Subodh Kerkar got connected with the lives of fishermen, since he used to practice medicine in their village. He has got an intimate knowledge of fishermen's lives. He realized that their lives are inseparable from the ocean. The ocean is not just the provider of fish; their existence is marinated in the ocean. Through his works he has tried to present this idea of inseparability of the fishermen and the sea. The works also celebrates the role the ocean plays in shaping civilizations.
These discs are created with cowrie shells, coconut shells, old wooden fishing canoes and trawlers. Some discs are created using wood from 100 years old dhows from Mandvi in Gujarat, which have sailed to African coast, Persian Gulf and the Red Sea.
Carpet of Joy
Littering is a major problem in India. We believe that a lot of public education is needed to get rid of it. Throwing a plastic bottle, a tetra-pack or a chocolate wrapper is an act of violence against Mother Nature and against oneself. To be conscious about not littering is the primary act of citizenship and patriotism. Carpet of Joy is created with about fifty thousand plastic bottles, which were collected from the surroundings. They were painted and converted into flowers. We hope that the Carpet of Joy will inspire every visitor to keep their surroundings litter-free.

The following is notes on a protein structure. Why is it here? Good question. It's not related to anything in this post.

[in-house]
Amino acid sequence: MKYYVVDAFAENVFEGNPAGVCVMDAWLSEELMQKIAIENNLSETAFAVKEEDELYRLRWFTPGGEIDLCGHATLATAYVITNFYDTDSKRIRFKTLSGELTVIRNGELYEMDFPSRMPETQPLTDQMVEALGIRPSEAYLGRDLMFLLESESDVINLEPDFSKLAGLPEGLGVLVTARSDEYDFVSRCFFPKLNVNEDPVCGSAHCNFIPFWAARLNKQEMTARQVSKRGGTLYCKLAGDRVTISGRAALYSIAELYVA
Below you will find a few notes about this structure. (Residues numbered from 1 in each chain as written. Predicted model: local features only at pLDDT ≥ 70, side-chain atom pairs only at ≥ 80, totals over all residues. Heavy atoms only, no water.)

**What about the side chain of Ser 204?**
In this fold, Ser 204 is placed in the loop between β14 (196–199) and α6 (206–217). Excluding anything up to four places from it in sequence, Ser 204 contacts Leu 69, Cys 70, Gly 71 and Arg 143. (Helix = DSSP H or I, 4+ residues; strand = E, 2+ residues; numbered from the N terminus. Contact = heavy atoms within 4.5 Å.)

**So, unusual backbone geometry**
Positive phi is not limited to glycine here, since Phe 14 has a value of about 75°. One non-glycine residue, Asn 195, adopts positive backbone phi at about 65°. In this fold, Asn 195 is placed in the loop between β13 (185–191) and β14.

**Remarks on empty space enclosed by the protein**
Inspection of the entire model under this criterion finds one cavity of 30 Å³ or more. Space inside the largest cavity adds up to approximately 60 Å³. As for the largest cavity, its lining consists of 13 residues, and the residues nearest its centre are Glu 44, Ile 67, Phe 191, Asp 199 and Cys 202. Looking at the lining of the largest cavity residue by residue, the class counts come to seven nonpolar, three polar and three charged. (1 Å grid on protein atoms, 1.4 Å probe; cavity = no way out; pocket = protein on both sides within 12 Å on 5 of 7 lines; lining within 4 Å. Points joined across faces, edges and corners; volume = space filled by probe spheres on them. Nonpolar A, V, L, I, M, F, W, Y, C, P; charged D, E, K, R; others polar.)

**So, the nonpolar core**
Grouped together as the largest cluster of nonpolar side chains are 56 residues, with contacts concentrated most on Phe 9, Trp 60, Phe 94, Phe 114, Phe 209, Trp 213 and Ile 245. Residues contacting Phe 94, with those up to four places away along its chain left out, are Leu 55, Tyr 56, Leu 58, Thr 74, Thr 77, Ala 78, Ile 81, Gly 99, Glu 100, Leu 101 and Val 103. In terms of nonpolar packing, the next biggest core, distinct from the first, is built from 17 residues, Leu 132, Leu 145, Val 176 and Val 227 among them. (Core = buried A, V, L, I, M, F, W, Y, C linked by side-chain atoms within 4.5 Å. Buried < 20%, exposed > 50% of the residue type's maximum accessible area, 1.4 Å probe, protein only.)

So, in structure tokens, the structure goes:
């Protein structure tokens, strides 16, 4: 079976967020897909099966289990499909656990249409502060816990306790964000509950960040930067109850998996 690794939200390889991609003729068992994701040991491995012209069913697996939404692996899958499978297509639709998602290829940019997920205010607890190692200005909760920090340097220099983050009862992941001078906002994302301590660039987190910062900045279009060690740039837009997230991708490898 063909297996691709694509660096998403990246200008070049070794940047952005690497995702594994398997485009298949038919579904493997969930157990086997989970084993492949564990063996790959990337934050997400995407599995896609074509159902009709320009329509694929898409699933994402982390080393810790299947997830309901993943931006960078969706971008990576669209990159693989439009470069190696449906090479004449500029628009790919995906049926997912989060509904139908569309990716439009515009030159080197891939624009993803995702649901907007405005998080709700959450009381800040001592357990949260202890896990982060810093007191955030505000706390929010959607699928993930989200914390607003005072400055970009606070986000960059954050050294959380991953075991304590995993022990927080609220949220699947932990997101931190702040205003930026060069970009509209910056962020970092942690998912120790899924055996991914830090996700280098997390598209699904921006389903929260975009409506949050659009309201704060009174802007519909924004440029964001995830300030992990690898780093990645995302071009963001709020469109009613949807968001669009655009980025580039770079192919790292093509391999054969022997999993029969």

Subodh Kerkar loves to draw. He draws on a wide range of media including paper, drift wood, capiz shells, etc. There are many drawings that are even created at 36,000 feet height during his flight travels.
Reclaiming Gandhi is an attempt to communicate Mahatma Gandhi’s teachings of truth, non-violence and compassion using contemporary art. Gandhi is as relevant today as he was during India’s epic struggle for freedom. His principles are eternal and need to be re-introduced to every one in order to create a more peaceful and plural world. This project attempts to engage with the Gandhian thought using various forms of artistic expressions; paintings, sculptures, installations, videos and interactive multimedia works.
Indo-Portuguese houses are an important part of Goan cultural ethos. Most houses were constructed in the second half of the 19th century. Most Catholics paint the exterior of their houses annually before Christmas (Natal in Portuguese). There is a large dilapidated house, belonging to the Gomes family, which is over 150 years old. This house must have received at least 150 coats of lime. The first 30 years or so it was painted white, followed by about 40 layers of lime mixed with indigo. The following generations decided to use red oxide. For the last fifty years the house has received coats of yellow ochre. In this work, Subodh Kerkar used cut-out pieces of the wall that reveal the coloured history of the house through carvings. ‘150Natals’ is a mnemonic device, evocative of a hundred and fifty Christmas celebrations by the Gomes family.